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Shining a light on Hingham news

The Harborlight

Shining a light on Hingham news

The Harborlight

Sophia Coppola’s film explores Priscilla Presley’s POV

Sophia Coppola’s film explores Priscilla Presleys POV

On October 27, film studio A24 released its newest film Priscilla, which chronicles the struggles of Elvis Presley’s wife during his tumultuous career. After the worldwide success of Baz Luhrmann’s Elvis, Coppola took a turn portraying the Presleys’ intense romance. 

One aspect that separated Coppola’s film from Luhrmann’s was the focus on Priscilla Presley rather than Elvis. In Luhrmann’s biopic, Priscilla only appears for ten minutes throughout the two-hour movie, highlighting how unimportant Priscilla was made to feel during her relationship with Elvis. The film emphasizes how Elvis put Priscilla down in their marriage. Elvis kicked her out of Graceland whenever he was mad, and Priscilla was not allowed to get a job because she was expected to be there for Elvis 24/7. Overall, the film creates a tense atmosphere, where the audience can feel the stillness of Priscilla’s life with her. Many scenes depict Priscilla in an empty Graceland while Elvis makes movies in Hollywood. 

The most crucial aspect the film emphasizes is how young Priscilla is during their marriage. Meeting when Elvis was 24 and Priscilla was 14, the film is filled with moments to remind the audience just how juvenile Priscilla truly is. It is not until over halfway through the film that Priscilla graduates high school. This significant detail is juxtaposed with all the adult situations Priscilla is shown to be placed in beforehand.

Senior Elise Eichner noted while watching how she felt, “Priscilla was meant to act Elvis’ age, not her own” -a sentiment that the film works to highlight. Elvis’ expectations of Priscilla materialize in how he expects her to dress. Showing a young Priscilla Presley with full hair and makeup in high school contrasts her age and Elvis’ expectations of her. Although she is young, she has already taken on the role of a homemaker.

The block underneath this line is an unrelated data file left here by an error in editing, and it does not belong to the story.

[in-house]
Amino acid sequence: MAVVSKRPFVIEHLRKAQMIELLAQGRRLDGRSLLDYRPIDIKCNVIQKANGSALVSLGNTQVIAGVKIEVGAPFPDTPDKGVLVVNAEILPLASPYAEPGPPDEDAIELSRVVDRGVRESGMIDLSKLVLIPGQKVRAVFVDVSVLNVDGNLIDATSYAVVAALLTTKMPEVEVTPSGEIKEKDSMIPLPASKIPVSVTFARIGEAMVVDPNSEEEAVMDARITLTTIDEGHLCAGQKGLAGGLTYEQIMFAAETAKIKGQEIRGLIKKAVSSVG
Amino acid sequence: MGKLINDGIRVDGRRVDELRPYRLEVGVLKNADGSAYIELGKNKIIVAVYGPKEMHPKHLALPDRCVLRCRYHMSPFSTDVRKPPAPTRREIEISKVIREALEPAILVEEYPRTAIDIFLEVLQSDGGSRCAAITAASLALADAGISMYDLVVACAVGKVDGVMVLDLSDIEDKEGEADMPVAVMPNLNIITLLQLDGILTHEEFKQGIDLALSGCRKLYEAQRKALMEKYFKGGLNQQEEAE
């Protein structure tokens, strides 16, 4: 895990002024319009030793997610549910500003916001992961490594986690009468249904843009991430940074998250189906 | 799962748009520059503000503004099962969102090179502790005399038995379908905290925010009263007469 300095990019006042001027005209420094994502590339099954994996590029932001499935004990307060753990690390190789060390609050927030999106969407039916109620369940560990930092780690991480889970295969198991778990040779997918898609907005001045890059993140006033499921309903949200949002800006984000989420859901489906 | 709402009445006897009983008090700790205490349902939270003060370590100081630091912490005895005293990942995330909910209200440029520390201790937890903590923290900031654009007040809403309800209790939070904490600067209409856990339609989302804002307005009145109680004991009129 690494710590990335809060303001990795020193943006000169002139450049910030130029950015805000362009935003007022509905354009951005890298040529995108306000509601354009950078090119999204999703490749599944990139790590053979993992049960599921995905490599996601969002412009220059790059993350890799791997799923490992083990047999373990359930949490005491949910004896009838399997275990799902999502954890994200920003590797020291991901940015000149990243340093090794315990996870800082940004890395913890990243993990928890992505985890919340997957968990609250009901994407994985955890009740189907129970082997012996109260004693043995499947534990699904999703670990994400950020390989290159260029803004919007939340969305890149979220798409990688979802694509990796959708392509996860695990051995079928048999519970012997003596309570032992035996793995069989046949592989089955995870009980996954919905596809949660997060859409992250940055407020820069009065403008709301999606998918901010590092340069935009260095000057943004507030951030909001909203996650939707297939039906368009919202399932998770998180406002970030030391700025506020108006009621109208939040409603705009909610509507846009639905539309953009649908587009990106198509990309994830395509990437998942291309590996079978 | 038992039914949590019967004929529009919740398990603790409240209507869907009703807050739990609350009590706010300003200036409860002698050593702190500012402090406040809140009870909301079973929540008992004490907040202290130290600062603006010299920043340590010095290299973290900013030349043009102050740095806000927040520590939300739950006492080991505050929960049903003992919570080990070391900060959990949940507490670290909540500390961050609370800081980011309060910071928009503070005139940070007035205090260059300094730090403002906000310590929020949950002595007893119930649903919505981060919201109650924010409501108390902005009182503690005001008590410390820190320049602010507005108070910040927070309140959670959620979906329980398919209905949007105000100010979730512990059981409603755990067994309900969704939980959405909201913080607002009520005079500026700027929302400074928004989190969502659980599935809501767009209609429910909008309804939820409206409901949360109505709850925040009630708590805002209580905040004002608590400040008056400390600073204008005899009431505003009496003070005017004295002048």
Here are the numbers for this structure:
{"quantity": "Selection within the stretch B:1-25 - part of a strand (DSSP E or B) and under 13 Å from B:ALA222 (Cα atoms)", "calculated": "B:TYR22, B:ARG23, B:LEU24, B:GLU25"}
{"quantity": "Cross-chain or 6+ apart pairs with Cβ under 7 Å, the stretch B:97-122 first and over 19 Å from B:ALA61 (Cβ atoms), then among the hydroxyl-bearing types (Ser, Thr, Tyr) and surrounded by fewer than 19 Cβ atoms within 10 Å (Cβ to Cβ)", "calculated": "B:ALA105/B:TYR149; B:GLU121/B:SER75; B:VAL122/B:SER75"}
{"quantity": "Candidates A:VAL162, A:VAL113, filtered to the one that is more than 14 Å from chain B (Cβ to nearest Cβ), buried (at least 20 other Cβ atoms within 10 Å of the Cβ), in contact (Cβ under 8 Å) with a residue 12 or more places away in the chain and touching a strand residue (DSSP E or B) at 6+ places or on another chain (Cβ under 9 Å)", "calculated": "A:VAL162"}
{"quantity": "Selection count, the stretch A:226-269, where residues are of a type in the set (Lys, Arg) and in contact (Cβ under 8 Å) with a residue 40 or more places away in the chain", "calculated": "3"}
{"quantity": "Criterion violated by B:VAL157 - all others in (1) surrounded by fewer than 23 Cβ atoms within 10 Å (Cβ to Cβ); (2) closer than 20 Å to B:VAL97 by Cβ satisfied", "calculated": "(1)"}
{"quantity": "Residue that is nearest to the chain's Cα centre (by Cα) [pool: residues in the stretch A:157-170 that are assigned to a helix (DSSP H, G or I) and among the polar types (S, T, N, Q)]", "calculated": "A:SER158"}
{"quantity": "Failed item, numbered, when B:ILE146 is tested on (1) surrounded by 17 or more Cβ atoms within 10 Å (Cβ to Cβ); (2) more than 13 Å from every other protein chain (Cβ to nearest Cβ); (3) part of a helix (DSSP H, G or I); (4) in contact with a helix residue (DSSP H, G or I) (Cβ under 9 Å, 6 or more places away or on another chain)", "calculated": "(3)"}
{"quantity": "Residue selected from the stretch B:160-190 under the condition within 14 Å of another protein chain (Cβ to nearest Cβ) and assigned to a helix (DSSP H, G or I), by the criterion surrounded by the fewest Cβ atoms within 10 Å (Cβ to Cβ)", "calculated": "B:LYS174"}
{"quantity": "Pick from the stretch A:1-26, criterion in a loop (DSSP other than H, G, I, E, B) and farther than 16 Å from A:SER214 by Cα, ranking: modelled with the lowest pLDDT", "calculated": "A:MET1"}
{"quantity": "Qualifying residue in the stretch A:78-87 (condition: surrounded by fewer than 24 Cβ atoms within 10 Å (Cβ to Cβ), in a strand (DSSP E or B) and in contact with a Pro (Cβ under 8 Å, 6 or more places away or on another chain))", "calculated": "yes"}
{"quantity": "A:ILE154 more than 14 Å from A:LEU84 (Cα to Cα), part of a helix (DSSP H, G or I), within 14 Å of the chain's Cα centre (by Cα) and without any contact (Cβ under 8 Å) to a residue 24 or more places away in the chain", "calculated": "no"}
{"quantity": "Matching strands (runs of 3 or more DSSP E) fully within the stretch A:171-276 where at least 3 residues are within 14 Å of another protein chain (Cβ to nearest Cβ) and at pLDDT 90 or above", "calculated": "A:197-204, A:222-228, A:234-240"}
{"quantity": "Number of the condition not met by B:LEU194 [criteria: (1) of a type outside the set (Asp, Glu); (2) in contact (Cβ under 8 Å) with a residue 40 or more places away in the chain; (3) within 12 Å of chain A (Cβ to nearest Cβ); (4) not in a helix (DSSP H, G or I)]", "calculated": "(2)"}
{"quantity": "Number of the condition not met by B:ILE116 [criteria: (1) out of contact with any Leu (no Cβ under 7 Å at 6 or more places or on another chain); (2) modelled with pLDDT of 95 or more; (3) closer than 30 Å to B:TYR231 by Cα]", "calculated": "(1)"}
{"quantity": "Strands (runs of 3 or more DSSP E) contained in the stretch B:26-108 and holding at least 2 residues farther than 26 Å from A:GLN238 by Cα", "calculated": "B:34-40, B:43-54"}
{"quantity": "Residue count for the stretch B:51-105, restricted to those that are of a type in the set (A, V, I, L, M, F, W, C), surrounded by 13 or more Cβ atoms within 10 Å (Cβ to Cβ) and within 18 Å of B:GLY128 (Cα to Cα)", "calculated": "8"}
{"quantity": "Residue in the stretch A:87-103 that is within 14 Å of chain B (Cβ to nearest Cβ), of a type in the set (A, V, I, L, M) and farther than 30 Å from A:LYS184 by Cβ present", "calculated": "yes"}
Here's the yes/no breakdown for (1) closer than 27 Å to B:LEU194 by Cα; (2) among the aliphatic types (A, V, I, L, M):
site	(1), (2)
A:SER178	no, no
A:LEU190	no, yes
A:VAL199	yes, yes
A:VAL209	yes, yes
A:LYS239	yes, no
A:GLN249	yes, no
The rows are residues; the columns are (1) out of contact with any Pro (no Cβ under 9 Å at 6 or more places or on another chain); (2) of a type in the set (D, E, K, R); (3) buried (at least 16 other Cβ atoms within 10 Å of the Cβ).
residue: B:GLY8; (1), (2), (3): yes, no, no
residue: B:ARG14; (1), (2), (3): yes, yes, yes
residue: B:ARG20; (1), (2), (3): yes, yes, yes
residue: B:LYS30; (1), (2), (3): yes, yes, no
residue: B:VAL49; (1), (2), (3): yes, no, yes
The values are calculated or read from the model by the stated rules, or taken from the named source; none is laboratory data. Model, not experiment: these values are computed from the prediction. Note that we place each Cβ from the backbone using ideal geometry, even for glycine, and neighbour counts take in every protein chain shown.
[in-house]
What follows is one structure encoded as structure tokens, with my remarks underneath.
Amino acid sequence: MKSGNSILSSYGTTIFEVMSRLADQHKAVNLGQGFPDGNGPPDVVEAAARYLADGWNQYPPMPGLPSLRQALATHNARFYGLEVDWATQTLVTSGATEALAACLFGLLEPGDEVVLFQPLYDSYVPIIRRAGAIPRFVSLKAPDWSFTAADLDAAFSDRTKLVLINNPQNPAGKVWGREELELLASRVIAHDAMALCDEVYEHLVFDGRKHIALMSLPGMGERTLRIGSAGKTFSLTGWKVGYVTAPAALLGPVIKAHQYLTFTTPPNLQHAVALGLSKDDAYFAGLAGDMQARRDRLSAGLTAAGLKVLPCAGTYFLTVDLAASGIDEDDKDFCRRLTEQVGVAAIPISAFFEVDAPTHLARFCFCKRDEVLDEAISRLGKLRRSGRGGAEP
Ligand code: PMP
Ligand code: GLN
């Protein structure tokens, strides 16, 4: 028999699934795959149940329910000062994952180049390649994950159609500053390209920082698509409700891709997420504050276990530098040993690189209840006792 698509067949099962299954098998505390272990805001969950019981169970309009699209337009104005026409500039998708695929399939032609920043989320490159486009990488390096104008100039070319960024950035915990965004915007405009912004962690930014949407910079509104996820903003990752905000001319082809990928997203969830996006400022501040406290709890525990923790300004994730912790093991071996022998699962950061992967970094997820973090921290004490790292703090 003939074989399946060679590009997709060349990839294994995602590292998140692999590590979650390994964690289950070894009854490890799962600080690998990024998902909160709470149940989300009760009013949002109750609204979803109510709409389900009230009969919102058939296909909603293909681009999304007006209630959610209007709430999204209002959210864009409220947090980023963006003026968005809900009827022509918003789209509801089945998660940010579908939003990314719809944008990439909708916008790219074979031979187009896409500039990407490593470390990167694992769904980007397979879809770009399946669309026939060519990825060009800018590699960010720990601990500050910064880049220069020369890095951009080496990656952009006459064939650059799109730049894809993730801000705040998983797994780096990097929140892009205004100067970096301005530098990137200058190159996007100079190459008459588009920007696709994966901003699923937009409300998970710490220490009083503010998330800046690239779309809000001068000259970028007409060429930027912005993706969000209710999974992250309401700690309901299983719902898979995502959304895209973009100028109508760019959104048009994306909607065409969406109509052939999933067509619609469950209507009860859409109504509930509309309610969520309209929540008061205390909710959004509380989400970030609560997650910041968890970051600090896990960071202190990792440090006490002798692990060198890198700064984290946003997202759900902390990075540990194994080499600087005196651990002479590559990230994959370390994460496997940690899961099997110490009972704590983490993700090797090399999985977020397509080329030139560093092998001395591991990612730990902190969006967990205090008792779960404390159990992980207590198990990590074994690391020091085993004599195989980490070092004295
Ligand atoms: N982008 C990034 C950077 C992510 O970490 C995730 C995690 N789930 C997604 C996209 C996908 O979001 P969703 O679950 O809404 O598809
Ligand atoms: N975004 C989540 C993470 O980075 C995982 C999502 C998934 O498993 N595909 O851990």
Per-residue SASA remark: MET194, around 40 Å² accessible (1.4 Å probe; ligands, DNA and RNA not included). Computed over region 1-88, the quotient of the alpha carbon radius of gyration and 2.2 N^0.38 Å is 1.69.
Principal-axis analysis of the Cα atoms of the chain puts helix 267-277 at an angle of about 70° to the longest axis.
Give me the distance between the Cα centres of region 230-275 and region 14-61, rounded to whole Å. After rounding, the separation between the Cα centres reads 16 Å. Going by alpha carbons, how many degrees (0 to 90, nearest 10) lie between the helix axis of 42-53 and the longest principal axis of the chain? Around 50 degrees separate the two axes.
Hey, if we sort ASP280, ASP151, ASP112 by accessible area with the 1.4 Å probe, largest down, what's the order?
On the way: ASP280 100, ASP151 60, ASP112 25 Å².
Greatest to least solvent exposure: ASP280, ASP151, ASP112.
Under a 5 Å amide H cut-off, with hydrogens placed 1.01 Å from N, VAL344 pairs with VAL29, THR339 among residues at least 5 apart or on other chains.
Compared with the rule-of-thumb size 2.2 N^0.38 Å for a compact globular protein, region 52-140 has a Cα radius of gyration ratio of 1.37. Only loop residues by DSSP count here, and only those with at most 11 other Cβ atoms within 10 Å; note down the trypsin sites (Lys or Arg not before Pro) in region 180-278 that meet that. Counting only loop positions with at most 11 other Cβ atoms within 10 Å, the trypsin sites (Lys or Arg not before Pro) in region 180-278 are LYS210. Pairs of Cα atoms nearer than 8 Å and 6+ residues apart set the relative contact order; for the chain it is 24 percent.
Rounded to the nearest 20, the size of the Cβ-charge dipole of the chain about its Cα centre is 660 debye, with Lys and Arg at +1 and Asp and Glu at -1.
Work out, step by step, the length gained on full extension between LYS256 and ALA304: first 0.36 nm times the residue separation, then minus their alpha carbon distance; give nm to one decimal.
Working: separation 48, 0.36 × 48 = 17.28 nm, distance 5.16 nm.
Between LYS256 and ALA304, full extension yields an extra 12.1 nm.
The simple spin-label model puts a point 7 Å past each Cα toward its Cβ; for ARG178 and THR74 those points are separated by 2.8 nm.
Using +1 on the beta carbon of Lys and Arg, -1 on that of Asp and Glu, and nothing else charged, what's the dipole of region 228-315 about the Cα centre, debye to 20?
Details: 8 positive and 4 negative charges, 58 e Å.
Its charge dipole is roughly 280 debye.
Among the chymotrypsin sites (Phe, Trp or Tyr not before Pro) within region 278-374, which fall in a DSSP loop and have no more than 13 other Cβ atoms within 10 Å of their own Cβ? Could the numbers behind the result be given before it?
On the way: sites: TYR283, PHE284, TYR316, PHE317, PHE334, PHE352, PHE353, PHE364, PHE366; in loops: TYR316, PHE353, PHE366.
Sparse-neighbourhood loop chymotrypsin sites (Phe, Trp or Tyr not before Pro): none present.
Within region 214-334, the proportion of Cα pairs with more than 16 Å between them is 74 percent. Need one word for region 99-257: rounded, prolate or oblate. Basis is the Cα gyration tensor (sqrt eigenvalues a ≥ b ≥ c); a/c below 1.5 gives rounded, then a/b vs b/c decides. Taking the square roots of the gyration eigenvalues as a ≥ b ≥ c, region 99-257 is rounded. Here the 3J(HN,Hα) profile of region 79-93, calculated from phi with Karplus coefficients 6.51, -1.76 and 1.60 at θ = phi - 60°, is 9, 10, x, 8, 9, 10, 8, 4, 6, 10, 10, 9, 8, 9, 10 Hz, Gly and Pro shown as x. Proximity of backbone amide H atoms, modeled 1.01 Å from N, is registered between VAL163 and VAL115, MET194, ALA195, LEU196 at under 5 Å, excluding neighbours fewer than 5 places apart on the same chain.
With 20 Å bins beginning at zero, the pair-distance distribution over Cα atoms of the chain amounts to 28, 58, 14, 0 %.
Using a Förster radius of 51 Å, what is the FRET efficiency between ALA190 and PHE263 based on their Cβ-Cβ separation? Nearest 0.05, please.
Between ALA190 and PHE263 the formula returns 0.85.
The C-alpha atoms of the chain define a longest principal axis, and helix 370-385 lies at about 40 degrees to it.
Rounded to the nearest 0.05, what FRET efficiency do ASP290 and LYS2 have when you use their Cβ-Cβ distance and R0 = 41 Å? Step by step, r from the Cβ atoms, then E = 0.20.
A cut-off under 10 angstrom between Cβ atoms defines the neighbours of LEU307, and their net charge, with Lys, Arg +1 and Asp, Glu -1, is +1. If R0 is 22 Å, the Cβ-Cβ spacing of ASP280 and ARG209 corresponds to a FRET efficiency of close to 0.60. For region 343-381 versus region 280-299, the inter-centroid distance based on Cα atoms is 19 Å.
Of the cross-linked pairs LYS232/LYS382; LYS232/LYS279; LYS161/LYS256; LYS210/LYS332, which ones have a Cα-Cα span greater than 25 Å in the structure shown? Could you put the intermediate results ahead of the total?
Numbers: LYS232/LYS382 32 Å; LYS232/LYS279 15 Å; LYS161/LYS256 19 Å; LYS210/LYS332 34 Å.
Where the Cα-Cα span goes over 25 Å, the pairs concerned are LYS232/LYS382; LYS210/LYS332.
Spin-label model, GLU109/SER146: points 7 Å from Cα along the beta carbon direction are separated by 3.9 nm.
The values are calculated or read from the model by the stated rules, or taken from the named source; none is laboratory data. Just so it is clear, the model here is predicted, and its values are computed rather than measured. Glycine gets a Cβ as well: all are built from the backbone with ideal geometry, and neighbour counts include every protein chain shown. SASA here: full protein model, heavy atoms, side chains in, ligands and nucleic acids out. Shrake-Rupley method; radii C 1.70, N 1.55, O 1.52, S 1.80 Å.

As the film progresses, we follow Priscilla as she and Elvis’ lives diverge. She was quickly sent back to Graceland in Tennessee whenever Priscilla visited Elvis in Hollywood, a key detail Luhrmann’s film kept out. As Priscilla learned, her husband did not want her but only saw her as a commodity, so she took their daughter Lisa Marie and started her own life. 

The film’s final shot is Priscilla driving out of Graceland after she tells Elvis she is getting a divorce, a powerful image of Priscilla fully gaining back her autonomy. Senior Hazel Orth commented on the feminist ideology of the film with the idea that “it is important women’s version of history is told to combat the centuries of silence they have been forced into.” 

Although Sophia Coppola’s new film is not the most action-packed movie to hit the theaters this year, it is crucial in rewriting the history of pop culture to include the women who have been forgotten. Priscilla’s story is one of perseverance and realization, something many women can relate to.

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